Yes. Hemochromatosis is a hereditary condition that can be difficult to diagnose, since many victims of the disease never experience any symptoms. However, specific tests ordered by your doctor can identify the disorder and prevent life-threatening complications. For example:

 

  • Blood tests to detect high iron levels – A serum transferrin saturation can be used to measure the amount of iron bound to the protein transferrin in your bloodstream. Similarly, a serum ferritin test can measure the amount of iron stored in your liver.
  • Liver function tests – If your iron levels are elevated, this test can help identify if the high iron content has caused liver damage. Your doctor may also order an MRI to measure the possibility of iron overload in your liver.
  • Gene mutation testing – Many health professionals recommend testing your DNA for mutations in the HFE gene if you have high iron levels in your blood. You may also undergo genetic testing for hemochromatosis.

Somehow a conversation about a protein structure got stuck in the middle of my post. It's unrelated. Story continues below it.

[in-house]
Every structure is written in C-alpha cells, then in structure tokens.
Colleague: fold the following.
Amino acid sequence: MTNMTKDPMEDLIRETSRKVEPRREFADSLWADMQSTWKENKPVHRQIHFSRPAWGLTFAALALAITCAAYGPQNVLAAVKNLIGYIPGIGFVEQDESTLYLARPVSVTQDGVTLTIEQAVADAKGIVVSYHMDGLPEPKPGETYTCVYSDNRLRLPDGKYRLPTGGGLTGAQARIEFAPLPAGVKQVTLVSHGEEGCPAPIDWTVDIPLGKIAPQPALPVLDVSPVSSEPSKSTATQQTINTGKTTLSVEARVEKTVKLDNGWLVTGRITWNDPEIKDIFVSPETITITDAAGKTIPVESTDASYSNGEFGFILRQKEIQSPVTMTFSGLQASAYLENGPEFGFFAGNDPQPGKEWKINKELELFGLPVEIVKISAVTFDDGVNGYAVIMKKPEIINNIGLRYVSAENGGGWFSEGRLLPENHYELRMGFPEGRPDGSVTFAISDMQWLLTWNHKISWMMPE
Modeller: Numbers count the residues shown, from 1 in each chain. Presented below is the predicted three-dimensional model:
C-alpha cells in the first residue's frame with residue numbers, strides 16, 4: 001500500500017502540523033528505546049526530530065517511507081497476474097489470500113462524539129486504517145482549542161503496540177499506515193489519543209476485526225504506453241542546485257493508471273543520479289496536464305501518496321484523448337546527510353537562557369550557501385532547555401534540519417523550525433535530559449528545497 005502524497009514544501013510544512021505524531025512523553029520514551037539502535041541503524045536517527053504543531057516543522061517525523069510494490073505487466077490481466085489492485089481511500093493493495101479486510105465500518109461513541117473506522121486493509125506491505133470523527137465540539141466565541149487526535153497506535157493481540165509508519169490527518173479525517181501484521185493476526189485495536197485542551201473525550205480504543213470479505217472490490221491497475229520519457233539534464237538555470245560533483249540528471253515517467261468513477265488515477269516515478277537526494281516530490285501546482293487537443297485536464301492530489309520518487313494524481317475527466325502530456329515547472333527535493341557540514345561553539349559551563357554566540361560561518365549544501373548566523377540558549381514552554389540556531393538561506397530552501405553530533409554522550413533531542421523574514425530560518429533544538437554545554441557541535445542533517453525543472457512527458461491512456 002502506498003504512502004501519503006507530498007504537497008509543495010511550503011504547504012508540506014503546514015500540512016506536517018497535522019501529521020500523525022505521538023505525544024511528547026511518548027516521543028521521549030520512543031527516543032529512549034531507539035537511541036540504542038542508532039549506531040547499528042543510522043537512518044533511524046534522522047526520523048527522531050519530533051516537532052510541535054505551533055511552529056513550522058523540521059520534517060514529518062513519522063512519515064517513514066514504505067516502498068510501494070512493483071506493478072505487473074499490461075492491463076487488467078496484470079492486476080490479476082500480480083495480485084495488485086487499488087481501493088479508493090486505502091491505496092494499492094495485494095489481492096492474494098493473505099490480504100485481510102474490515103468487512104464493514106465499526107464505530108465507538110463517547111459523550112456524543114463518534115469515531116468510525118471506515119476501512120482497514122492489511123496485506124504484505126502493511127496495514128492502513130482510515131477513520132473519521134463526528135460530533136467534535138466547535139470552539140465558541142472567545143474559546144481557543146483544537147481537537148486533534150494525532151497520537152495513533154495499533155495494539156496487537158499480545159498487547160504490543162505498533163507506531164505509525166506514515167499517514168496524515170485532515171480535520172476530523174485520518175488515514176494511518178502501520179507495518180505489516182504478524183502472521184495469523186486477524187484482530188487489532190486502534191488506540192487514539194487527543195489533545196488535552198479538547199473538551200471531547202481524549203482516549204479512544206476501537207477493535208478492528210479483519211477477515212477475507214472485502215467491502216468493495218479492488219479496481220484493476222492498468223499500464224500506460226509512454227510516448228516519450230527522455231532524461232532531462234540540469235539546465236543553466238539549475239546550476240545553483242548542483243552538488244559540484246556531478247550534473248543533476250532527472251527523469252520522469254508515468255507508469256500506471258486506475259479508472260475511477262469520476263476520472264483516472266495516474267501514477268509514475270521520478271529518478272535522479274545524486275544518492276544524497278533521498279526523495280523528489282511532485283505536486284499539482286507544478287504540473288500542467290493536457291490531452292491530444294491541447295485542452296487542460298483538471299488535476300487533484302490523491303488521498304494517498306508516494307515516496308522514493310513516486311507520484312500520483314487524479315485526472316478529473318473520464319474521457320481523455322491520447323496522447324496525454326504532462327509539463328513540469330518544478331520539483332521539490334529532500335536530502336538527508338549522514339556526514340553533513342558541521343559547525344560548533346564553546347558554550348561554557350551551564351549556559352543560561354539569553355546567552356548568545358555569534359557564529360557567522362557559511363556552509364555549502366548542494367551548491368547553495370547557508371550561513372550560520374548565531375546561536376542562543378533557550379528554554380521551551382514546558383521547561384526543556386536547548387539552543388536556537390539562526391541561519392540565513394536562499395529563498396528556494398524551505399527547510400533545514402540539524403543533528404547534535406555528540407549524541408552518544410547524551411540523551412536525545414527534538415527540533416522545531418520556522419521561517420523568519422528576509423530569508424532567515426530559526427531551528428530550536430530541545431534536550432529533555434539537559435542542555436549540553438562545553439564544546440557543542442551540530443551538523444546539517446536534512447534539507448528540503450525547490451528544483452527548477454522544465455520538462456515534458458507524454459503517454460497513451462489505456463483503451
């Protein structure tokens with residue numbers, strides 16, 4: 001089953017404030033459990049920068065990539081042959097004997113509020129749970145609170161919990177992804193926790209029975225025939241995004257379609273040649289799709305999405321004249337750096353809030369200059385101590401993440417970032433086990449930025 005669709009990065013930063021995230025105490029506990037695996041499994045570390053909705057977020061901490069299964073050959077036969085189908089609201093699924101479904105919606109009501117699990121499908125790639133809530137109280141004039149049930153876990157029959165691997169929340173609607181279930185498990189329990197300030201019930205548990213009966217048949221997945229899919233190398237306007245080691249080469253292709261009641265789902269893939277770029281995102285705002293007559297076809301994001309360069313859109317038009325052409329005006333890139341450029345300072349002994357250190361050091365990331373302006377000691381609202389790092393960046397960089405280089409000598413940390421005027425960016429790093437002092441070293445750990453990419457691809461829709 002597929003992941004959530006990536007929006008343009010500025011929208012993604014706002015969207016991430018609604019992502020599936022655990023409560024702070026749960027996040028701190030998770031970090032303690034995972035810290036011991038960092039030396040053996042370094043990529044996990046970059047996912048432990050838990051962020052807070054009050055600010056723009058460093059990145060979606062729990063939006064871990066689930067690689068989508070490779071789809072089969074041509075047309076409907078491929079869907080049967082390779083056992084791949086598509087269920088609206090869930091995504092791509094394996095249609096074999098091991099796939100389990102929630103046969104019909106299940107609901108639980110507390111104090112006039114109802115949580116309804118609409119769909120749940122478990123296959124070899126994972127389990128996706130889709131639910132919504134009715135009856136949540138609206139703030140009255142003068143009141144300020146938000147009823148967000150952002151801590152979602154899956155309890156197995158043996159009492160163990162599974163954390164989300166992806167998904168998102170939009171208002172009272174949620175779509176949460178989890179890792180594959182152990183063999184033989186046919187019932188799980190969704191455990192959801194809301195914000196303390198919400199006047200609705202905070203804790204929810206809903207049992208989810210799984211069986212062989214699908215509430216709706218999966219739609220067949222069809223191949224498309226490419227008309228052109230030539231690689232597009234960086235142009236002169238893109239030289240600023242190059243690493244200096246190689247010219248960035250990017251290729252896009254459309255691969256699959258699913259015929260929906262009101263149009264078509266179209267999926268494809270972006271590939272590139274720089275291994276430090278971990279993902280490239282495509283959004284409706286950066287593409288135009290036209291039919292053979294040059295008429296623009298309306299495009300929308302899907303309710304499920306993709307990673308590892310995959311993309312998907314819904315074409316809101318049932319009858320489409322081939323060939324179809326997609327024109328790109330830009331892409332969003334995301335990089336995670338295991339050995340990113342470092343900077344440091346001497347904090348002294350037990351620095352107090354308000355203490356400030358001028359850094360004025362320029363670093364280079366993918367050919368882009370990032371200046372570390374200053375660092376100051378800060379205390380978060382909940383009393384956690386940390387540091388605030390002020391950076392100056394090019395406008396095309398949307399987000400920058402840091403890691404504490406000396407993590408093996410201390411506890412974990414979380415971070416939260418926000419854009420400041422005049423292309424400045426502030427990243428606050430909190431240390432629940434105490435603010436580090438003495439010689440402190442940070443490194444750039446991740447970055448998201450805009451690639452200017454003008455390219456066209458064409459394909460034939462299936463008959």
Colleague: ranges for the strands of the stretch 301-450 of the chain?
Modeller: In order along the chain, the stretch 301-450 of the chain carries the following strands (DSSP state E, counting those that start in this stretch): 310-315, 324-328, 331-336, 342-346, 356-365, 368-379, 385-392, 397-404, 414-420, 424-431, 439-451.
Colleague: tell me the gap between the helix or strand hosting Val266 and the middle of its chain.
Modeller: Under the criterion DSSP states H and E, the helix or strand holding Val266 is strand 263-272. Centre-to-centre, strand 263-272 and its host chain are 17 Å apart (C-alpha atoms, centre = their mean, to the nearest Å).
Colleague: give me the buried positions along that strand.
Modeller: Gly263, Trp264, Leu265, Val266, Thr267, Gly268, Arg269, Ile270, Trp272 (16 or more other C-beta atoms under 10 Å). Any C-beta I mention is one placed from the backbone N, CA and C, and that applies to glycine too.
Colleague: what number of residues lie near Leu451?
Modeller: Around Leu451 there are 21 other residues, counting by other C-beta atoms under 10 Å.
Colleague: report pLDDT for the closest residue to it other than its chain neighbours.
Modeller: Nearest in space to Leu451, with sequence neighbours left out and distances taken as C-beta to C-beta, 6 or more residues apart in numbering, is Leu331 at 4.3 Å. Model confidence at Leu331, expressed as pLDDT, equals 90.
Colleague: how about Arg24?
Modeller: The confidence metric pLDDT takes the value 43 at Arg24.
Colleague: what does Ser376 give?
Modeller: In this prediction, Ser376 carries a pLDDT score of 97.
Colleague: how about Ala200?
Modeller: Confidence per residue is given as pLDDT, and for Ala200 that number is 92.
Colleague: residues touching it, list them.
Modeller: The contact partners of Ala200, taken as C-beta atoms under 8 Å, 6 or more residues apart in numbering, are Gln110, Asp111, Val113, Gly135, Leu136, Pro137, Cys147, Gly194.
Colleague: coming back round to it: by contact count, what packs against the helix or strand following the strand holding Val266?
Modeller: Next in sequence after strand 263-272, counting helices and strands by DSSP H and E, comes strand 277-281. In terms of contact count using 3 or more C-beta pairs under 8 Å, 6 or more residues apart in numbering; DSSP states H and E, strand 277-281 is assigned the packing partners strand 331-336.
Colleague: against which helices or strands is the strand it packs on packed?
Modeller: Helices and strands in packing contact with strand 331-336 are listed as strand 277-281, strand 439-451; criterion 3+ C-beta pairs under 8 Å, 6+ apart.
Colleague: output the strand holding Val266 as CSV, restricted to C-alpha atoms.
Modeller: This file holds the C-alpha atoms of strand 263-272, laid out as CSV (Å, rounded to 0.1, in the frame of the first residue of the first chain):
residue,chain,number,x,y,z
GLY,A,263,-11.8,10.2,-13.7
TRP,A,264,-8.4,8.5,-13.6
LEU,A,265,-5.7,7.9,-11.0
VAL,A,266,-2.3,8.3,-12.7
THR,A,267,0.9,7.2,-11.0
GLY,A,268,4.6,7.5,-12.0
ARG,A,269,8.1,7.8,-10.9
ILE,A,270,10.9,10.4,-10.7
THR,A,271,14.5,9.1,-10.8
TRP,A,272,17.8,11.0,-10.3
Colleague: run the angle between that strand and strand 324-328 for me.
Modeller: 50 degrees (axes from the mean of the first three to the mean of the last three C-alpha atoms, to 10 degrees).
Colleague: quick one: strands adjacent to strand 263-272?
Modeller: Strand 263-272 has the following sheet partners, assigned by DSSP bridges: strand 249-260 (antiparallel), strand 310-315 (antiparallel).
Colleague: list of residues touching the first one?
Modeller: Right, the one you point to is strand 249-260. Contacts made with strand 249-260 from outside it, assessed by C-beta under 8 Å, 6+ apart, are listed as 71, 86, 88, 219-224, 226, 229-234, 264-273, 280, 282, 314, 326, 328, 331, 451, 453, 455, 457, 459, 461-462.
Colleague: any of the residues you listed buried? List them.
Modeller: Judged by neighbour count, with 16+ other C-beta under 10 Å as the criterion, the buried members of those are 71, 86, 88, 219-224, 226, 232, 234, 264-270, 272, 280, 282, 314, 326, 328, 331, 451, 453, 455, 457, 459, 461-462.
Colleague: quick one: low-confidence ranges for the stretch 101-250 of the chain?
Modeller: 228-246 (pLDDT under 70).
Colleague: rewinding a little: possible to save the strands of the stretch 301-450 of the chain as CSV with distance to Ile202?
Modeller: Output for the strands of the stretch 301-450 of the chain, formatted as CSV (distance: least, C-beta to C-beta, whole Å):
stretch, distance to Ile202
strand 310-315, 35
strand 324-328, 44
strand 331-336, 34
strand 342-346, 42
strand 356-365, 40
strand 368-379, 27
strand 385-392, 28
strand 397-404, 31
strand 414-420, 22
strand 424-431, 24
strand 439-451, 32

• Liver biopsy – If your liver function tests suggest liver damage, your doctor may perform a biopsy, taking a small sample of your liver tissue using a thin needle and sending it for laboratory evaluation. Pathologists may examine the sample to check for complications of liver damage, such as scarring or cirrhosis.

 

Families of relatives with hemochromatosis should also undergo testing to see if they are at risk of developing the condition. Since there are many different tests to prevent a Kentucky misdiagnosis of hemochromatosis, you should investigate the circumstances of your loved one’s death to determine whether the tragedy could have been avoided.

 

The attorneys at Gray and White can help you seek justice for the loss of your loved one, and we charge you nothing unless we win your case. Contact our Louisville medical malpractice team today at 800.634.8767 to find out your legal options in your FREE consultation.

Mark K. Gray
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Louisville attorney serving the seriously injured in Kentucky

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